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The initiation of antibiotic therapy is a common challenge for clinicians caring for hospitalized patients. Many factors influence the choice of whether to start antibiotics, when to start, and which agent or agents to employ. Often the decision to initiate antibiotics and to select appropriate antibiotic agents happens before confirmation of the presence of a treatable infection and before its precise location, severity, and specific infectious cause is identified. Some of the factors to consider include the likelihood of a treatable infection actually being present, the risks of an untreated infection, the odds of predicting the correct pathogen involved, the chances of resolution without antibiotic therapy, and the need to identify the organism definitively. Other antibiotic-related factors include the toxicity profile and the pharmacodynamic parameters of the drug.

This chapter provides guidance for antibiotic selection according to (1) common pediatric clinical syndromes (Table 94-1) and (2) specific bacteria pathogens (Table 94-2). Antibiotic susceptibilities of organisms vary by region, by hospital, and in some cases, units within a hospital. For proper treatment and appropriate use, the clinician must remain cognizant of these ever-changing antibiotic-susceptibility profiles by reviewing the current literature and antibiograms (local and hospital). Importantly, if culture and sensitivity results become available, the clinician should modify antibiotic coverage to the narrowest spectrum that effectively treats the relevant pathogen(s) and adequately targets the site of infection.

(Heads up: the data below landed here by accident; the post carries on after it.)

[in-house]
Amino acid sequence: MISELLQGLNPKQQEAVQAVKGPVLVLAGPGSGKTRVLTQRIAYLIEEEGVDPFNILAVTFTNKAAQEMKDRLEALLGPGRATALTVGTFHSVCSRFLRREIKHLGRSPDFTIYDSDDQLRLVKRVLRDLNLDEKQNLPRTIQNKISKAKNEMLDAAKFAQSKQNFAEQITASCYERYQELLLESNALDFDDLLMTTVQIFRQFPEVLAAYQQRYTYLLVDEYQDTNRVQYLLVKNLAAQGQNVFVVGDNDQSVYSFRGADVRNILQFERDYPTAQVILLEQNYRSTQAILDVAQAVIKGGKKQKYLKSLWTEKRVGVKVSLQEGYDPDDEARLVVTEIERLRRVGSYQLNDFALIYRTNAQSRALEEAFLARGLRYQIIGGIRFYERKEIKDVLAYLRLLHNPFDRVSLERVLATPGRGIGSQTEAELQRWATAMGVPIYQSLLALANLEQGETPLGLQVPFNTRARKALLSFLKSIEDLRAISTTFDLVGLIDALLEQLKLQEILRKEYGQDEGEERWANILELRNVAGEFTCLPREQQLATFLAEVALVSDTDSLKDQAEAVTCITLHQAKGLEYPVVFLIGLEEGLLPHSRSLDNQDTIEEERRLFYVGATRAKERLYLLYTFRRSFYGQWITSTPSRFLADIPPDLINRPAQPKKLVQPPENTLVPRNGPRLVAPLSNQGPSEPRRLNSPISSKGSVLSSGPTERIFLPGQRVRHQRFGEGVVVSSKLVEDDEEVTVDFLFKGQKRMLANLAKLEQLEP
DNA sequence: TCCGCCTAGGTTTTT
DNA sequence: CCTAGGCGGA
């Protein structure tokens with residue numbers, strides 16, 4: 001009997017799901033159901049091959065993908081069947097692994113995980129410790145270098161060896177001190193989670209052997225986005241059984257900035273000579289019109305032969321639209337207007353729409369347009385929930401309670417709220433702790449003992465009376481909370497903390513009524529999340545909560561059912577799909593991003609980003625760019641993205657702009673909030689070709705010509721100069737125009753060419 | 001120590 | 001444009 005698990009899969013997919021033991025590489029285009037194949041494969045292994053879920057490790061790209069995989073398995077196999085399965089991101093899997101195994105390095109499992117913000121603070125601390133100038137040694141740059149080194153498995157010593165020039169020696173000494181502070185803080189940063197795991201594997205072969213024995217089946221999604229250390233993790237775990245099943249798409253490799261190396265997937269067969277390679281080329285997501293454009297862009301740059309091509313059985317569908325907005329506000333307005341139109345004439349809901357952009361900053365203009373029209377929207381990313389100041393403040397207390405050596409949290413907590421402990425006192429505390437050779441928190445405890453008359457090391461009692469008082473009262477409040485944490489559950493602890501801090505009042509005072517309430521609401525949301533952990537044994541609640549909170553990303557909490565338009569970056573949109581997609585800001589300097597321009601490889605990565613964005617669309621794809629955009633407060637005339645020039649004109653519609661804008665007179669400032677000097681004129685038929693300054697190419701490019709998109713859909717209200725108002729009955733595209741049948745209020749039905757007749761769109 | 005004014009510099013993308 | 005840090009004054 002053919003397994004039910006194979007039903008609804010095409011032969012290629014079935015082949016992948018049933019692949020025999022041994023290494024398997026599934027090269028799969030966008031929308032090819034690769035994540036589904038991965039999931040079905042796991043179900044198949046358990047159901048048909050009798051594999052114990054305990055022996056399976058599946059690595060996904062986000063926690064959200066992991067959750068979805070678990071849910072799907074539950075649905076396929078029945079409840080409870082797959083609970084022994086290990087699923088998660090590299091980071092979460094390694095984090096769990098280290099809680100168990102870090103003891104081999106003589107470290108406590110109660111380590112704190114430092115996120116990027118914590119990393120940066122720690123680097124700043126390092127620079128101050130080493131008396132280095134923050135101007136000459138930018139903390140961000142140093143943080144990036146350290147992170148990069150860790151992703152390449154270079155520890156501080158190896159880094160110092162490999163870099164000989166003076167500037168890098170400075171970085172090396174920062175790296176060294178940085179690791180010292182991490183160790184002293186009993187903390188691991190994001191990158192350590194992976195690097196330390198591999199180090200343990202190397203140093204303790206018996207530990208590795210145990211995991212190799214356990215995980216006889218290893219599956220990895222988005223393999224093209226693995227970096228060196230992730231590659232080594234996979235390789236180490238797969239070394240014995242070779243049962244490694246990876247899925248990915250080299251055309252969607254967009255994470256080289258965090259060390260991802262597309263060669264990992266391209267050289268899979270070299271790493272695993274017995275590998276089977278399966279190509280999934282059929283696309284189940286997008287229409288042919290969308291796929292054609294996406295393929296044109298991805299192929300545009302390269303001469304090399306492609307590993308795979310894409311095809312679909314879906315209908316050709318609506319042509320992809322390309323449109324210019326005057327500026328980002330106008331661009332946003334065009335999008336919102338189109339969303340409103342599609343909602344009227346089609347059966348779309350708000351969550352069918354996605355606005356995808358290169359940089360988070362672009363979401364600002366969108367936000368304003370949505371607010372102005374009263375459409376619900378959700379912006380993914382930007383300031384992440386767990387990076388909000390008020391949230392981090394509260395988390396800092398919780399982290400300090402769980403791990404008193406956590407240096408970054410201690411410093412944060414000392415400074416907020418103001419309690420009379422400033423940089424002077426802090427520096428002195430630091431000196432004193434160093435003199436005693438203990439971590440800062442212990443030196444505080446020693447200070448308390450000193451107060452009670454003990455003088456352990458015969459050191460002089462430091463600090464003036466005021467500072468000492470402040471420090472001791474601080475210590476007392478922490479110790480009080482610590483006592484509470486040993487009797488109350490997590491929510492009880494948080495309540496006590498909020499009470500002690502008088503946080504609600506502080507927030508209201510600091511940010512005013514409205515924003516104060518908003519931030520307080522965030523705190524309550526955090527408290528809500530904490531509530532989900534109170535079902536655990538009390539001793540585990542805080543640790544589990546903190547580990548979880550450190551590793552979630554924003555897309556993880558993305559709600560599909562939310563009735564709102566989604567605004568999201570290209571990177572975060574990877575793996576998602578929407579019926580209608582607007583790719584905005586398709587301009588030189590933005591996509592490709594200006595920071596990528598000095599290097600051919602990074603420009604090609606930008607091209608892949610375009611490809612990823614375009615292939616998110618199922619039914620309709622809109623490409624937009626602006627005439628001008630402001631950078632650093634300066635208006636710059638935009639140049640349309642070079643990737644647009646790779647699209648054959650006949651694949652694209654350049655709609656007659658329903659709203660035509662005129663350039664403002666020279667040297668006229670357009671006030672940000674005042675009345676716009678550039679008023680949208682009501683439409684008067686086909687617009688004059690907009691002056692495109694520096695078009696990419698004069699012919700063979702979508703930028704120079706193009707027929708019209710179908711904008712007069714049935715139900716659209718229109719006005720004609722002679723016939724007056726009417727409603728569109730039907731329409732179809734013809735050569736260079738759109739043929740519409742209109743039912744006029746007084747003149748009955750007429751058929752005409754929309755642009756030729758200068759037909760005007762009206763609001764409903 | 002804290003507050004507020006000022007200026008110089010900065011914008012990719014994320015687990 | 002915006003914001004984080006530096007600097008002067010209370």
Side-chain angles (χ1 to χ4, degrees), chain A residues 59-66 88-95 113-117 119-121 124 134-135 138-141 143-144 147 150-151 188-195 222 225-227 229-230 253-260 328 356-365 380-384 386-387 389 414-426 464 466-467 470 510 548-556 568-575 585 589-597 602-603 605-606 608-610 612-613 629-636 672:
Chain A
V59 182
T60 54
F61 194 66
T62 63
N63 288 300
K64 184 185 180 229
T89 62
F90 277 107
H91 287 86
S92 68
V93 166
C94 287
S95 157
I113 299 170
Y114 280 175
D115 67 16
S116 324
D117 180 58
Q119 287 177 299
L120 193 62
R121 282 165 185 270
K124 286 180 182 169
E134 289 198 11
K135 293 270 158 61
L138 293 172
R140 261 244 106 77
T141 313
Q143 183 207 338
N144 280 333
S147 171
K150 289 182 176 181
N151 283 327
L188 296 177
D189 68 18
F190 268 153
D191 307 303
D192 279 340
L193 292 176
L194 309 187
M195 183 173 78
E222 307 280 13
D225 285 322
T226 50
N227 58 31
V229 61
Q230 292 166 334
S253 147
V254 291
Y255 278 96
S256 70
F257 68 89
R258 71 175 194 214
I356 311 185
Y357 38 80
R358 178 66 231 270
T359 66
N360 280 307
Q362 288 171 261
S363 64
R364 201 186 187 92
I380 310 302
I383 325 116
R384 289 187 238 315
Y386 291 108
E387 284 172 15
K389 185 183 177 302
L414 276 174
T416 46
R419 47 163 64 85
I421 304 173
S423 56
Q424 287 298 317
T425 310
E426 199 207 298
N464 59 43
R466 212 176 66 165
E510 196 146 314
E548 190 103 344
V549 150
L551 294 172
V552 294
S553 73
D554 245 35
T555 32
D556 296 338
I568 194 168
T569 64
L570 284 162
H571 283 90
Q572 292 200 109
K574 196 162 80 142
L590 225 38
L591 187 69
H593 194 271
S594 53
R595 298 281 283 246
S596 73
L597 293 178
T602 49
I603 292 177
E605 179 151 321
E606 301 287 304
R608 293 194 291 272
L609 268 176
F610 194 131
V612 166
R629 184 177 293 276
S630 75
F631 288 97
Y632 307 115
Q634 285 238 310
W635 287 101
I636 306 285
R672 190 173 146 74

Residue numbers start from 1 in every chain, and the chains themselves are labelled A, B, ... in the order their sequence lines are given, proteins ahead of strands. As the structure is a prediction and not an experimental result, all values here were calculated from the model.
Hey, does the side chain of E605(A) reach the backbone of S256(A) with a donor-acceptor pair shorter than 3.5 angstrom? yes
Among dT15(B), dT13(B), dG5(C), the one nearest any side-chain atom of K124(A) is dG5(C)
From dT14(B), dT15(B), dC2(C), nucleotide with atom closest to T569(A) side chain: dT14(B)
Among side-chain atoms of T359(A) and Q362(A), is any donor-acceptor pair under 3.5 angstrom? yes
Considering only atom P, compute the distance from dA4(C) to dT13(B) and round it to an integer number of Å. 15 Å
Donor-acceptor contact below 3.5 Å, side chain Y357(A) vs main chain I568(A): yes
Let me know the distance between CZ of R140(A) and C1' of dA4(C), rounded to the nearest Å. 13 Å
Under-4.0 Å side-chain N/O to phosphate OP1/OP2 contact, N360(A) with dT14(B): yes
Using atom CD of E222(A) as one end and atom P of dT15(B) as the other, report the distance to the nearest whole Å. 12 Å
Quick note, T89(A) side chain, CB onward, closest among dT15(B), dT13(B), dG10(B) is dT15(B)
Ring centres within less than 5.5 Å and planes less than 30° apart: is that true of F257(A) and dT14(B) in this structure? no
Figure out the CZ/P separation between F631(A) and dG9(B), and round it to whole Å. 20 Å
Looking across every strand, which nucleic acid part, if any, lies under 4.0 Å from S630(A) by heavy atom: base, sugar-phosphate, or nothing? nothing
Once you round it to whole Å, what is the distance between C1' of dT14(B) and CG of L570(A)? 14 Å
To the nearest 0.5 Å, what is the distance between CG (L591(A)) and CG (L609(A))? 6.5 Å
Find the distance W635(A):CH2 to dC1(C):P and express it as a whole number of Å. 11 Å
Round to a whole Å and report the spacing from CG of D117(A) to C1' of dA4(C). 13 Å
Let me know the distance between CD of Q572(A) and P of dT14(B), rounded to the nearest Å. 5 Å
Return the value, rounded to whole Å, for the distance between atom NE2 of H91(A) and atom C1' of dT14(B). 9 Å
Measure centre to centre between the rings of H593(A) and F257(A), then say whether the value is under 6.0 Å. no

TABLE 94-1*§Empirical Treatment for Common Childhood Bacterial Infections*

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